This article originally appeared at All Over Albany. It came to a great conclusion that happened to be wrong; shortly after publication, I learned that in fact the oldest business in Albany is Woodward & Hill; the full story can be found here.
I recently unearthed a 1905 ad for Danker Florist, which is still going strong today. And that led to the question: What might be the oldest business still running in Albany?
There are a few contenders.
For many years, R.B. Wing and Son was recognized as perhaps the oldest business in the city. It started around 1854 as a ship’s chandler when Albany was a booming river port, and then transitioned into construction supplies. Unfortunately, it closed in 1996 after 151 years in business, and is no longer in the running for oldest business in Albany. But it left behind one of the more distinctive buildings on Broadway, decorated with reminders of its nautical past.
The stone fabricator Adam Ross Cut Stone, now on Broadway in Albany, seems like the kind of business that’s been around for centuries. But it’s a relative newcomer, dating back only to 1889.
Hudson Valley Paper Company, the wholesale supplier of all kinds of paper and printers’ supplies, was run by the same family from its founding in 1875 until last March, when it was sold to Lindernmeyr Munroe. But even at 137 years, it’s not the oldest business in the city.
Probably the oldest business in the tri-cities would be W.& L.E. Gurley, or as they are now known, Gurley Precision Instruments. William and Lewis Gurley were both engineering graduates of Rensselaer Polytechnic Institute who gained an international reputation for creating precision measuring instruments, and were particularly well known for their surveying equipment. Today they primarily manufacture highly specialized instrumentation that is used in the manufacturing, robotics, and medical fields. The firm was founded in 1845 in Troy and they are still there today, which means that for 167 years they have not been the oldest business in Albany.
It’s not entirely clear exactly when the capital city’s oldest business was founded; its current location lays claim to 1867, but that is clearly entirely too recent. An 1888 biographical note on its founder says that he had established himself some 40 years before, so a guess of 1848 can’t be far off.
The founder was “the well and favorably known merchant tailor, whose neat and popular establishment is located at No. 54 North Pearl Street, who is one of the oldest and foremost exponents of the tailoring art in Albany.” That store was a mere 25 x 80 feet in size, “nicely appointed and well ordered,” and presented “a large and elegant assortment of imported and domestic, woolen and worsted goods, including cassimeres [sic, an old spelling], cloths, checks, plaids, serges, stripe cheviot, and fashionable suitings from which the most fastidious may select a full and fine line of ready-made clothing . . . .” In adjacent shops, 20 to 30 experienced hands were employed in garment-making.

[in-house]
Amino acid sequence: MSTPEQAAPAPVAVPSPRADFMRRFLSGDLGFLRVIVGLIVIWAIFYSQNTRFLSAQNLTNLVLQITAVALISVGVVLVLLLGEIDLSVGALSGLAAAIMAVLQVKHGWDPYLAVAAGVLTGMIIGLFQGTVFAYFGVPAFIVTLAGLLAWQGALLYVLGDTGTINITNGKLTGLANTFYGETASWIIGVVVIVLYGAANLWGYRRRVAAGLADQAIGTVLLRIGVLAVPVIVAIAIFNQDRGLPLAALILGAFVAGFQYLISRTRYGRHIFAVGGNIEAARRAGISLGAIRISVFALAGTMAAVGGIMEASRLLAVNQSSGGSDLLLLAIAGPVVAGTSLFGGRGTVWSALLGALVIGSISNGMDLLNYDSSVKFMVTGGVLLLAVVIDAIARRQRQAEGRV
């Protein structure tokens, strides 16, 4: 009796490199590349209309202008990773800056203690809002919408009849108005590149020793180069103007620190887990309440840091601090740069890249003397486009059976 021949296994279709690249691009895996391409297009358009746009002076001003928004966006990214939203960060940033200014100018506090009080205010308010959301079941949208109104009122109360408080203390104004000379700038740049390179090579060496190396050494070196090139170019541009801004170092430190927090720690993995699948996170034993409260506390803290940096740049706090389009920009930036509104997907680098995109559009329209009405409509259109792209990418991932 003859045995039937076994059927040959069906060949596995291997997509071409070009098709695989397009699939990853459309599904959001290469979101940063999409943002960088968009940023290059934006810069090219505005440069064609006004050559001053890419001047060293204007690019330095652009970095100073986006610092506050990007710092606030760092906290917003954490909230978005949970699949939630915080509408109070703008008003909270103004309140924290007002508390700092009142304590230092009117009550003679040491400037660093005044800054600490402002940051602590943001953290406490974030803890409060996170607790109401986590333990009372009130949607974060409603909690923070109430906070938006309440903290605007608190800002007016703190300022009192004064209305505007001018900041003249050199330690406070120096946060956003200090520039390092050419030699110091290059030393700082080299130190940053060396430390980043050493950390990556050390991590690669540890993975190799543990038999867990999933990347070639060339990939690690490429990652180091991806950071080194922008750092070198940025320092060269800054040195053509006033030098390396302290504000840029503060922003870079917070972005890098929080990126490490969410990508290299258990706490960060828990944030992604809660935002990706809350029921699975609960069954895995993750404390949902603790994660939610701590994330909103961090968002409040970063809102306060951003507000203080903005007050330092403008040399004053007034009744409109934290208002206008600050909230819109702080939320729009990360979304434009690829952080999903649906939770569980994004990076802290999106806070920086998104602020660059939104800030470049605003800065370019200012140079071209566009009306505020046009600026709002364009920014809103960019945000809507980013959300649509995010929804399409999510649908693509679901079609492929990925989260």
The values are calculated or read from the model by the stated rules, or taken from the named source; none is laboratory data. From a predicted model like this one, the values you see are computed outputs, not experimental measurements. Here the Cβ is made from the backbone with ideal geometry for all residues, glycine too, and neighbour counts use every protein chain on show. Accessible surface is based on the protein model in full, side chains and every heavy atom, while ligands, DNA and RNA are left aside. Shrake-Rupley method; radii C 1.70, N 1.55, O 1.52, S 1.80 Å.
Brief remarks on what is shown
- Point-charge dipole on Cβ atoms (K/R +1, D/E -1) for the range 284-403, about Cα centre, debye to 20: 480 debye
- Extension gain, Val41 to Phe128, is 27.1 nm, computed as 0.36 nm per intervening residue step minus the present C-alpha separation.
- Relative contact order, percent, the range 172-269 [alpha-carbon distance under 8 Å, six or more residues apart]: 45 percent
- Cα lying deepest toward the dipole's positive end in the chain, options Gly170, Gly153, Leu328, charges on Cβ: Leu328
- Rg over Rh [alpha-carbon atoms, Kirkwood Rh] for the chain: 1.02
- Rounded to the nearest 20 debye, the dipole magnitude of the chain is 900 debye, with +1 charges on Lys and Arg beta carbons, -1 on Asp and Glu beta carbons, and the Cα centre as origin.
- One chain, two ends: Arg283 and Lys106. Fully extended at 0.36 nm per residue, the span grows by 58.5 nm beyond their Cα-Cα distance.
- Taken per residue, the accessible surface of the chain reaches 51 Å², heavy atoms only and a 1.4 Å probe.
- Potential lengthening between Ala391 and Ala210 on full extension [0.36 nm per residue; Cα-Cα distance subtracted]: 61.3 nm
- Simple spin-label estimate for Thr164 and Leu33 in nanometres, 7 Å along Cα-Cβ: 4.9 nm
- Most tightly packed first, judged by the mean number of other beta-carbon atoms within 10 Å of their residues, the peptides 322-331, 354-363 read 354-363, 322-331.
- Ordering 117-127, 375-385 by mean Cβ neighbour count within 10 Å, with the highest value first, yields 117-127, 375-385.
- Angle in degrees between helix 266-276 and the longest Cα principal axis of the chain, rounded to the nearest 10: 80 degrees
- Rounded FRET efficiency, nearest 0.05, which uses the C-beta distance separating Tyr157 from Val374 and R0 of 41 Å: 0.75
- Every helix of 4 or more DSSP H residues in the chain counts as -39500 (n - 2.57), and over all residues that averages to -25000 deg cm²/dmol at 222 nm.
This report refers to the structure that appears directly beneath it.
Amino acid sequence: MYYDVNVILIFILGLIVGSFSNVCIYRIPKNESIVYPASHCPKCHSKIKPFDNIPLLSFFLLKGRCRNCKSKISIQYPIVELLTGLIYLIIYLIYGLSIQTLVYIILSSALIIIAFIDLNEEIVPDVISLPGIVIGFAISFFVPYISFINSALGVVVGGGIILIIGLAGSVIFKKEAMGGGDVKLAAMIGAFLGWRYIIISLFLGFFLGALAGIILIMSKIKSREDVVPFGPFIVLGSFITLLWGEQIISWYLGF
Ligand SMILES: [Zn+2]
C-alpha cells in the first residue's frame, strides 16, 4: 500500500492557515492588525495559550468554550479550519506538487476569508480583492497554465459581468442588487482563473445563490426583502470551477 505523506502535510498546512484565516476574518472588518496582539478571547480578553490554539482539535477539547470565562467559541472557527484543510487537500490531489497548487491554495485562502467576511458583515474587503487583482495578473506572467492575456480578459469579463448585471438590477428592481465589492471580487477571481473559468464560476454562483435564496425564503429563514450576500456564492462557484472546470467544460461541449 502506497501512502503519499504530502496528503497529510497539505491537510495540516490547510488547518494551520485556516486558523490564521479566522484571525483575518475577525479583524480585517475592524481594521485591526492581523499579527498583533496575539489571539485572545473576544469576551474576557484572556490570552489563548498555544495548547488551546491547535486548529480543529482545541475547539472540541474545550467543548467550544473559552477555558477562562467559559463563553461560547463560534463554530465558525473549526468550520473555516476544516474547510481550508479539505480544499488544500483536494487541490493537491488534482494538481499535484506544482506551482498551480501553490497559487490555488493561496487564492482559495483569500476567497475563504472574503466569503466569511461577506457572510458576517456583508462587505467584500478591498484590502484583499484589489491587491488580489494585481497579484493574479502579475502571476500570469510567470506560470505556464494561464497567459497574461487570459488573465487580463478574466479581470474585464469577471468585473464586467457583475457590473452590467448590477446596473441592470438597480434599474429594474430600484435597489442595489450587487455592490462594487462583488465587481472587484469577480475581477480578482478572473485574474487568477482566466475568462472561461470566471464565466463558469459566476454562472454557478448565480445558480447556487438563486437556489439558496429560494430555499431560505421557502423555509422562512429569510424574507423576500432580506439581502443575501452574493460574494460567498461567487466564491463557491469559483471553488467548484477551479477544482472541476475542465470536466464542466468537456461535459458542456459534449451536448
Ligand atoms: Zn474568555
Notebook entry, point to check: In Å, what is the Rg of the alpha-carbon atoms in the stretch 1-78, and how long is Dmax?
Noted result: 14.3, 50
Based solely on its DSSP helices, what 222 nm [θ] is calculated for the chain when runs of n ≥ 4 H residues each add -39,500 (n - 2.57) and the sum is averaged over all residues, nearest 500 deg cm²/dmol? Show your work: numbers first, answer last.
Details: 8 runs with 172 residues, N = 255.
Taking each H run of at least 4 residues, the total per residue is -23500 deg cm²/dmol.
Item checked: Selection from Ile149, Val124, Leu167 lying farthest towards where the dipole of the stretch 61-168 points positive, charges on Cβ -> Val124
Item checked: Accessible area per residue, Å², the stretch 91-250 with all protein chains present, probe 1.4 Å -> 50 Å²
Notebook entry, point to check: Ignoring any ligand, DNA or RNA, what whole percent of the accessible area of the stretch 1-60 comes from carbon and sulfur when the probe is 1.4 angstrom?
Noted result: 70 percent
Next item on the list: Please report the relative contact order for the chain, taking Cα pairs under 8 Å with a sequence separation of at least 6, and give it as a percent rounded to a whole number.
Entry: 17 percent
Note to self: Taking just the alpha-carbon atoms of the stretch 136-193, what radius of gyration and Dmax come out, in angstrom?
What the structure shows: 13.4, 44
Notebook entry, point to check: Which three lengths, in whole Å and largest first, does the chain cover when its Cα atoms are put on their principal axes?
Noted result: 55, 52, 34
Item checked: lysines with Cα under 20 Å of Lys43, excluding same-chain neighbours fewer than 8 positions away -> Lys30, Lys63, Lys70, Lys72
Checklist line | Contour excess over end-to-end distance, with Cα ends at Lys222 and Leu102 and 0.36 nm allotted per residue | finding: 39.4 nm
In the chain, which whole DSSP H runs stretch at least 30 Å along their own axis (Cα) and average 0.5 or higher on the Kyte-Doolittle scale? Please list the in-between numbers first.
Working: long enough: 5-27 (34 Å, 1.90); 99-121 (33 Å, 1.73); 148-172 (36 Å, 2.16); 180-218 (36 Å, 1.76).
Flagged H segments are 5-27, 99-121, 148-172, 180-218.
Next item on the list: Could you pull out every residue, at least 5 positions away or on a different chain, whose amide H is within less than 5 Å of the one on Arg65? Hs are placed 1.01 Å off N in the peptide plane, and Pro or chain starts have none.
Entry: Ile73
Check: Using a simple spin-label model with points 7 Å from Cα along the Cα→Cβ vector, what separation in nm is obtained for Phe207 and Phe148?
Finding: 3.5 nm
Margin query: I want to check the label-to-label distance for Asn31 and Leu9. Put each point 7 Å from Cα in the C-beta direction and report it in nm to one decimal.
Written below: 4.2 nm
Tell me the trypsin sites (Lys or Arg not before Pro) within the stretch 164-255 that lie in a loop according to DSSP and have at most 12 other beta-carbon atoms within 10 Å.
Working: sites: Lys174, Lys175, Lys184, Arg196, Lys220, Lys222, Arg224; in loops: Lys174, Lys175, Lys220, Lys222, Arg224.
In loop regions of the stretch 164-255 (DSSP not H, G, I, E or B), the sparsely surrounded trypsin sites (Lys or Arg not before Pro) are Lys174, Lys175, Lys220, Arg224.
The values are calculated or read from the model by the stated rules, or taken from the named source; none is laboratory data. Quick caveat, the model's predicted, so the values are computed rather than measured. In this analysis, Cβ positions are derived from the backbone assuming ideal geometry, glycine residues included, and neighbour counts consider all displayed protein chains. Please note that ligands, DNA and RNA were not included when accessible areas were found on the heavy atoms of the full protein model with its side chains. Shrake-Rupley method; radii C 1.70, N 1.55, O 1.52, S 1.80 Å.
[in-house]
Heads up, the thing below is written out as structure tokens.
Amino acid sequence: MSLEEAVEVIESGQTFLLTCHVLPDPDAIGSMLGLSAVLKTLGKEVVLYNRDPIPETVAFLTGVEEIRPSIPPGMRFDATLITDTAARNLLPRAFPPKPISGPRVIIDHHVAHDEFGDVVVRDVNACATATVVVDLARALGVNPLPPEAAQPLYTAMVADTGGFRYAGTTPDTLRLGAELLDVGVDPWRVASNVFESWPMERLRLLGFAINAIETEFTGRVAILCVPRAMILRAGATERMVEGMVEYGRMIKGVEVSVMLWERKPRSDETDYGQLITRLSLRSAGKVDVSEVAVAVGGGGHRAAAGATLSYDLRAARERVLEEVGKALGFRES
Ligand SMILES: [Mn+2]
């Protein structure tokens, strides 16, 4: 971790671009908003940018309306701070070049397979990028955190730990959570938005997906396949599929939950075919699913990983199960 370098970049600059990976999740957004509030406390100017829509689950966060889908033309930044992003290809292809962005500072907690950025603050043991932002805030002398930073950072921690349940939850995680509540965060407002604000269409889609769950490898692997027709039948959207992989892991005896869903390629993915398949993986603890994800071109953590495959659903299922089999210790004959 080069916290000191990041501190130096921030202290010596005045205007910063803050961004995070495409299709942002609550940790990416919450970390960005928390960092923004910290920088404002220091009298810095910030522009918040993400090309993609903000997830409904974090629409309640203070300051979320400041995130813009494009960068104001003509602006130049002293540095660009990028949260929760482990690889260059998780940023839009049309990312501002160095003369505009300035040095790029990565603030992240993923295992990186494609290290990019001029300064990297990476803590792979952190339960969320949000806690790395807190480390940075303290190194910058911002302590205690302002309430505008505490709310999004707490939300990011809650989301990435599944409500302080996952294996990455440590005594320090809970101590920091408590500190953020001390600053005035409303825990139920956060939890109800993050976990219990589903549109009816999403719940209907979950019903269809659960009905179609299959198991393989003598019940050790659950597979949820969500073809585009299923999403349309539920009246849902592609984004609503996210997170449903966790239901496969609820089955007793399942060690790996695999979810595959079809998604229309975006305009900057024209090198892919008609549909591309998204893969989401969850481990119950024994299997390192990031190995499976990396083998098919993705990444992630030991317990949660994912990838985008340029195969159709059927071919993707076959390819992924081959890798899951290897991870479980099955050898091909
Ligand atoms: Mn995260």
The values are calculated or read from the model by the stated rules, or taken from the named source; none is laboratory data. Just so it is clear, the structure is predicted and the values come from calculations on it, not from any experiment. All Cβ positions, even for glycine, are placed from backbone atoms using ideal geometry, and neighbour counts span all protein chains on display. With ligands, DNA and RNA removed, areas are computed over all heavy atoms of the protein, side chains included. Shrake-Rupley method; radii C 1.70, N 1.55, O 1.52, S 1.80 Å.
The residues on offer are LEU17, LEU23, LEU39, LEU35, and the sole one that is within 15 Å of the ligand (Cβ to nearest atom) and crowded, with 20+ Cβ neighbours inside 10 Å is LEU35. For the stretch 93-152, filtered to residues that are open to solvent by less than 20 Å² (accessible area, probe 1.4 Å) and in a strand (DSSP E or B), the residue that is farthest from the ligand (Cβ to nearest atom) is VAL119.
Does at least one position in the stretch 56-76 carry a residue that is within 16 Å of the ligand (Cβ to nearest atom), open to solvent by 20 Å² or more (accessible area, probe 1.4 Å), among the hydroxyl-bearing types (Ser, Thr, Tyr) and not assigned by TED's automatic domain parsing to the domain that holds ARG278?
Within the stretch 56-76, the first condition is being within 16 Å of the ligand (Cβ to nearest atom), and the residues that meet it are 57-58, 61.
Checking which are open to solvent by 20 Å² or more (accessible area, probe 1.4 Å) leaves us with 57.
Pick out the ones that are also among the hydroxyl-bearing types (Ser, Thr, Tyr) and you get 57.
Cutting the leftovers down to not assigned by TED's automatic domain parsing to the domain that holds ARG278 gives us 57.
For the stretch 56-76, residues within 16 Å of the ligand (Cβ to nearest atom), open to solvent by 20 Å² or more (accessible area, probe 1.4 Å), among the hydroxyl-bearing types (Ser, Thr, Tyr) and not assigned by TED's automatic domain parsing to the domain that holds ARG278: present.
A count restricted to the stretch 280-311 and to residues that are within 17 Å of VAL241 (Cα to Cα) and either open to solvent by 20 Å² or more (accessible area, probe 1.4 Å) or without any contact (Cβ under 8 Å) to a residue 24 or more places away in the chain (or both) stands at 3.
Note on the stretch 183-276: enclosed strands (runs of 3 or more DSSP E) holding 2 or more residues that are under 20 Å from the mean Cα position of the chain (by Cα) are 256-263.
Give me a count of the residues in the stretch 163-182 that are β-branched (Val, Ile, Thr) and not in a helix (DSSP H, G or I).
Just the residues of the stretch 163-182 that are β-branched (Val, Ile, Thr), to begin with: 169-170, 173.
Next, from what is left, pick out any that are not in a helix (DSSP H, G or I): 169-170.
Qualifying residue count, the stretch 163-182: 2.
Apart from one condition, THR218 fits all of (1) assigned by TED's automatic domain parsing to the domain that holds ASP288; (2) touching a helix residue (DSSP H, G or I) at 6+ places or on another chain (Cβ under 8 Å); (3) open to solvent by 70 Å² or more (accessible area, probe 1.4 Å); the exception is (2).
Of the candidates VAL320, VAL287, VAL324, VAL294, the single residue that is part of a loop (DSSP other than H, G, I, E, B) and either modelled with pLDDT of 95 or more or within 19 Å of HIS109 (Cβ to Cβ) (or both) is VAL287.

This was the establishment of Benjamin Lodge, merchant tailor, who was in 1888 “a gentleman somewhat past the meridian of life, but active and energetic, was born in Scotland, and has resided in this city upward of half a century. He is a man of strict integrity in his dealings as well as a practical and expert cutter and all around workman, and is well-known and highly regarded throughout the capital and environs.” It’s been many years since any of the clothing on offer was produced in-house, and it has long since relocated across the street at 75 North Pearl Street.
At somewhere around 164 years old, it’s reasonable to believe that B. Lodge & Co.’s famous claim to being Albany’s oldest store makes it Albany’s oldest business as well.
Reasonable, but as noted at the top of the page, wrong. Woodward & Hill deserves that honor, though it’s still completely fair to say that Lodge is Albany’s oldest department store, and even its oldest store of any kind.